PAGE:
Every Sunday night at six o’clock, for the nine months of my freshman year at The Citadel, some of the most hated words in the English language bounced off the walls of Murray Barracks. As we knobs formed up, the upperclassmen would prowl the galleries hollering, “The party’s over, knobs!” Those words still make me cringe. But, cringe I must. The rough draft of Mammon is written. The story is told. Now the story must be told well. The party’s over, knobs! It’s time for rewrites.
The first bit of work has been pretty easy. I’ve reviewed the notes from my critique groups – that would be the picture below – and moved the comments I want to use to a single copy of the manuscript. Now I have something I can work with. Making those changes on the computer will get me back into the story and help me see what changes I need to make. Then comes a read-through, and then the polishing. I edit in stages, and each stage requires a different tool.
For the first edit, usually getting a chapter ready to read to a critique group, I use a chainsaw to cut away the obvious crap. Then I use a machete to finish the big stuff. Next comes a meat cleaver, and then some polishing. At that point, it’s ready to read to a group, hopefully. I’ll use something like a steak knife for the next edits, then move to a scalpel for the more meticulous cuts. Finally, it’s time to polish, and I’ll usually start with an eighty-grit sandpaper and move slowly to a two-twenty grit before finishing with a soft cloth and some Brasso.
One day, I’ll decide it’s polished enough to send out to the first beta readers. It will probably take them about a month to read and make comments, but it will seem like years. Their observations will provide the basis of a new round of editing, and it will probably go to a second round of readers. After another month (year), it will be time to put the finishing touches on the piece and send out the query letters.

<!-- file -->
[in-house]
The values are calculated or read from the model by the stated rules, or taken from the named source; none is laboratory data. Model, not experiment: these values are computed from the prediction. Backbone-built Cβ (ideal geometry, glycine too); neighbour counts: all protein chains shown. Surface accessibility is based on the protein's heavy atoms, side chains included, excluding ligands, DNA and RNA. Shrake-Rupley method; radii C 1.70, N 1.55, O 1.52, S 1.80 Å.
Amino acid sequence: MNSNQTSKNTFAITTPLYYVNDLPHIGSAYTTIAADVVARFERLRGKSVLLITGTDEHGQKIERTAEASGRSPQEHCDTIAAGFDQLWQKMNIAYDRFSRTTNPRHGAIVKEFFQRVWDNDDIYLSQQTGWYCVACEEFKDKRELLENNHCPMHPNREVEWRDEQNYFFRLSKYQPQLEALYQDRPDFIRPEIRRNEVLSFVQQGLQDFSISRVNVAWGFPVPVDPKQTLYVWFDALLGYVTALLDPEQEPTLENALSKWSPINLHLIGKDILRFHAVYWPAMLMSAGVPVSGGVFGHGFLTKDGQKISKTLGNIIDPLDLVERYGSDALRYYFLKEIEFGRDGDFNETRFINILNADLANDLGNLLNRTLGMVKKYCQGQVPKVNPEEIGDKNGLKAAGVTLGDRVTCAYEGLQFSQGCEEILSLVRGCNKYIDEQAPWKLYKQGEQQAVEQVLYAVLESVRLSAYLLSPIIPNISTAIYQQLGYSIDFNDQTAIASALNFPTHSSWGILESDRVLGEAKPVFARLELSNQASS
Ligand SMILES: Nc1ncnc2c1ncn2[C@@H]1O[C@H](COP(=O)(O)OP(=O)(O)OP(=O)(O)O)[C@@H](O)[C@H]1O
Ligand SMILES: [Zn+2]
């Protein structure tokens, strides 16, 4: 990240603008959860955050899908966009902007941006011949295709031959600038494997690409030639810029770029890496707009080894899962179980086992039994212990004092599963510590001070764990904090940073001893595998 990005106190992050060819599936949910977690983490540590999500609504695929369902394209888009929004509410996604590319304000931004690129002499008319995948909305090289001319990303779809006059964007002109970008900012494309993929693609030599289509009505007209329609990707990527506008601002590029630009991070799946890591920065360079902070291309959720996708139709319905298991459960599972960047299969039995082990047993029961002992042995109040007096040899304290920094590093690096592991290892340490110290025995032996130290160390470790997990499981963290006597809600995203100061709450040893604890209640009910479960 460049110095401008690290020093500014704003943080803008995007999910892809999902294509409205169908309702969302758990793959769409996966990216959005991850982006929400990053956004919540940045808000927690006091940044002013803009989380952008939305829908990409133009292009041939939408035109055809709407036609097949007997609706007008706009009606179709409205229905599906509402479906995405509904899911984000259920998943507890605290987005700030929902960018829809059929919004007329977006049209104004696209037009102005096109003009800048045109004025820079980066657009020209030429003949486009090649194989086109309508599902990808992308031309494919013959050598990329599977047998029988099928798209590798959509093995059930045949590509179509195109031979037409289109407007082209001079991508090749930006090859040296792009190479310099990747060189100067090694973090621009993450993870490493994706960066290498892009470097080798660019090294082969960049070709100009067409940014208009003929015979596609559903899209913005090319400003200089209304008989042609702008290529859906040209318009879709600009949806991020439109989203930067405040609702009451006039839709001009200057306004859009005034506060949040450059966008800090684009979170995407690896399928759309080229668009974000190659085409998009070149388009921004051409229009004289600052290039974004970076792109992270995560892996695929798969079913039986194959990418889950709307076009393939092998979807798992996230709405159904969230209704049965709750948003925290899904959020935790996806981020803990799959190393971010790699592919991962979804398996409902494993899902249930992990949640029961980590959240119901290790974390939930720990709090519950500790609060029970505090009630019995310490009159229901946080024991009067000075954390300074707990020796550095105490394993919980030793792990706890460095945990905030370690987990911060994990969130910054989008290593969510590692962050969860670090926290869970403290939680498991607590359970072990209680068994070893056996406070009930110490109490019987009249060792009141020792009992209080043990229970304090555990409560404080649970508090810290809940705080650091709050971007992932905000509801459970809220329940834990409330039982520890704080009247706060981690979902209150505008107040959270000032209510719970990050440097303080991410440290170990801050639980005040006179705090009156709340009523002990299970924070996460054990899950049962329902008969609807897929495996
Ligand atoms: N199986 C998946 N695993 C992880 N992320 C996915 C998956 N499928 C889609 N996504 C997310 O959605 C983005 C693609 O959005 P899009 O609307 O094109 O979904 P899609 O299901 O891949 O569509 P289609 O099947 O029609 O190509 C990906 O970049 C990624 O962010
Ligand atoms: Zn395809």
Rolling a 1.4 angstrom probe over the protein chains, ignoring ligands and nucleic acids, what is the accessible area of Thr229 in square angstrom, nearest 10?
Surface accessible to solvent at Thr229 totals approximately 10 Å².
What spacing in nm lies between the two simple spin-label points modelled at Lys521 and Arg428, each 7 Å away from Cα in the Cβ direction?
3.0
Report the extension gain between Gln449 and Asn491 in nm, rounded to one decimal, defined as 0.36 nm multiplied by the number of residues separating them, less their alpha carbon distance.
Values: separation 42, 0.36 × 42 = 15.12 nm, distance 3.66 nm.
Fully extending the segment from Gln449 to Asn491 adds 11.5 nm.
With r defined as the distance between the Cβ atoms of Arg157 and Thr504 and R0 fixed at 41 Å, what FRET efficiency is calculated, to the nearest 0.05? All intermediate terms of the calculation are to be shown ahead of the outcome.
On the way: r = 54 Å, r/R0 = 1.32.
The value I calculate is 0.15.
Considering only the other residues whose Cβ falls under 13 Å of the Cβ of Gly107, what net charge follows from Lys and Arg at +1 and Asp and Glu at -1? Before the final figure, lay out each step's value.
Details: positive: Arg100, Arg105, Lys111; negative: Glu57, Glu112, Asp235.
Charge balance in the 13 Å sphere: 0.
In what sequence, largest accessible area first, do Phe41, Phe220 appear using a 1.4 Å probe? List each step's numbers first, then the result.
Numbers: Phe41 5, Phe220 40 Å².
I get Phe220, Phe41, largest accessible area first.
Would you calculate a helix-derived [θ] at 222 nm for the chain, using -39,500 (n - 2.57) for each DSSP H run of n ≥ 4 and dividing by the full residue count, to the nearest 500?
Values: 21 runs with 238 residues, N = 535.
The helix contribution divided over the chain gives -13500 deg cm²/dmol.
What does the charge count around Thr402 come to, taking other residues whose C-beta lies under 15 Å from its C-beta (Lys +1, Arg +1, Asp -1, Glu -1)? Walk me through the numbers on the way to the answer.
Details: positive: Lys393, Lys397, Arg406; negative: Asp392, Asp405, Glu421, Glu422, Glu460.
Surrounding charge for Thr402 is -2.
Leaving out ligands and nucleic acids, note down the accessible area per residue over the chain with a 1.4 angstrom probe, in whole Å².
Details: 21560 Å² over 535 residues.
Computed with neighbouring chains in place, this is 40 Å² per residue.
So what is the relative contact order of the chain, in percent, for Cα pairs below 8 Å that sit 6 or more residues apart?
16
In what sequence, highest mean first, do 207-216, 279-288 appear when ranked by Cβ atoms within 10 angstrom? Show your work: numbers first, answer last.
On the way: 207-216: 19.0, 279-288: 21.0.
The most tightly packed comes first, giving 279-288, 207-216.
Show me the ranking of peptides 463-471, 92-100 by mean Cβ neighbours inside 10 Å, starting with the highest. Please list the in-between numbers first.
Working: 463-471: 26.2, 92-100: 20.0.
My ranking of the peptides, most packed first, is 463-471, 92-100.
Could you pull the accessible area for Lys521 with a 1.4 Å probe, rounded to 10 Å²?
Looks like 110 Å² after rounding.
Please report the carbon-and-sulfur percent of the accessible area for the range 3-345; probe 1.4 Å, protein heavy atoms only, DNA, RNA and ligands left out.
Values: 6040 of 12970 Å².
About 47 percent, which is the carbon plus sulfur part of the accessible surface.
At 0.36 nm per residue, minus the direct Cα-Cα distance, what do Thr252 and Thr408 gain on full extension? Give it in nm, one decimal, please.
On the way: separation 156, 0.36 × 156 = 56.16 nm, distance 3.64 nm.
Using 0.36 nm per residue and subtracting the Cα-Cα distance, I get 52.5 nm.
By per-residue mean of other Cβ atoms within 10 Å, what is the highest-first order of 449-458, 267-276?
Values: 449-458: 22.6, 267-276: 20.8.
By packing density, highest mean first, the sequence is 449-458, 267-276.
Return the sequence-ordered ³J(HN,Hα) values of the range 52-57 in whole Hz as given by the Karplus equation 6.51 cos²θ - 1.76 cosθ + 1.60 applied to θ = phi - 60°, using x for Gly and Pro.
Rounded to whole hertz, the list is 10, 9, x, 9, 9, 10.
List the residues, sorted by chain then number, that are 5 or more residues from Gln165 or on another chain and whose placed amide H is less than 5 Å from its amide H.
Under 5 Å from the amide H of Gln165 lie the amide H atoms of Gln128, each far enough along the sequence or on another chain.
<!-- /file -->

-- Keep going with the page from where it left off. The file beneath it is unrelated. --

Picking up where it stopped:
The question is when is it when is it ready to send out? It’s never really finished, but at some point, I’ll have to put Mammon, with all its imperfections, in front of a bunch of agents. How good do I want it to be before I do that? The standard answer, I think, is, “As good as I can make it.” But look at the title of this blog, and you should be able to figure out all on your own how I feel about that. I want readers to have such strong mental pictures they don’t remember if they read the book or saw the movie. I want the most serious reader to laugh, and the silliest reader to cry. I want every reader to rush to the end to see what happened, and then cuss me for not making it longer.
That’s a pretty tall order, and much beyond my capabilities right now. I’ll keep polishing, though, until I can’t stand working on it anymore. Then, I’ll polish some more and finally send it out. It won’t meet the standards I want at that point. With any luck, I’ll find an agent who sells the manuscript, and I’ll get to work with an editor who can help me get closer to that goal.
Right now, I’m looking at what I’ve got to work with, and it all seems like an impossible fantasy. Where’s that chainsaw?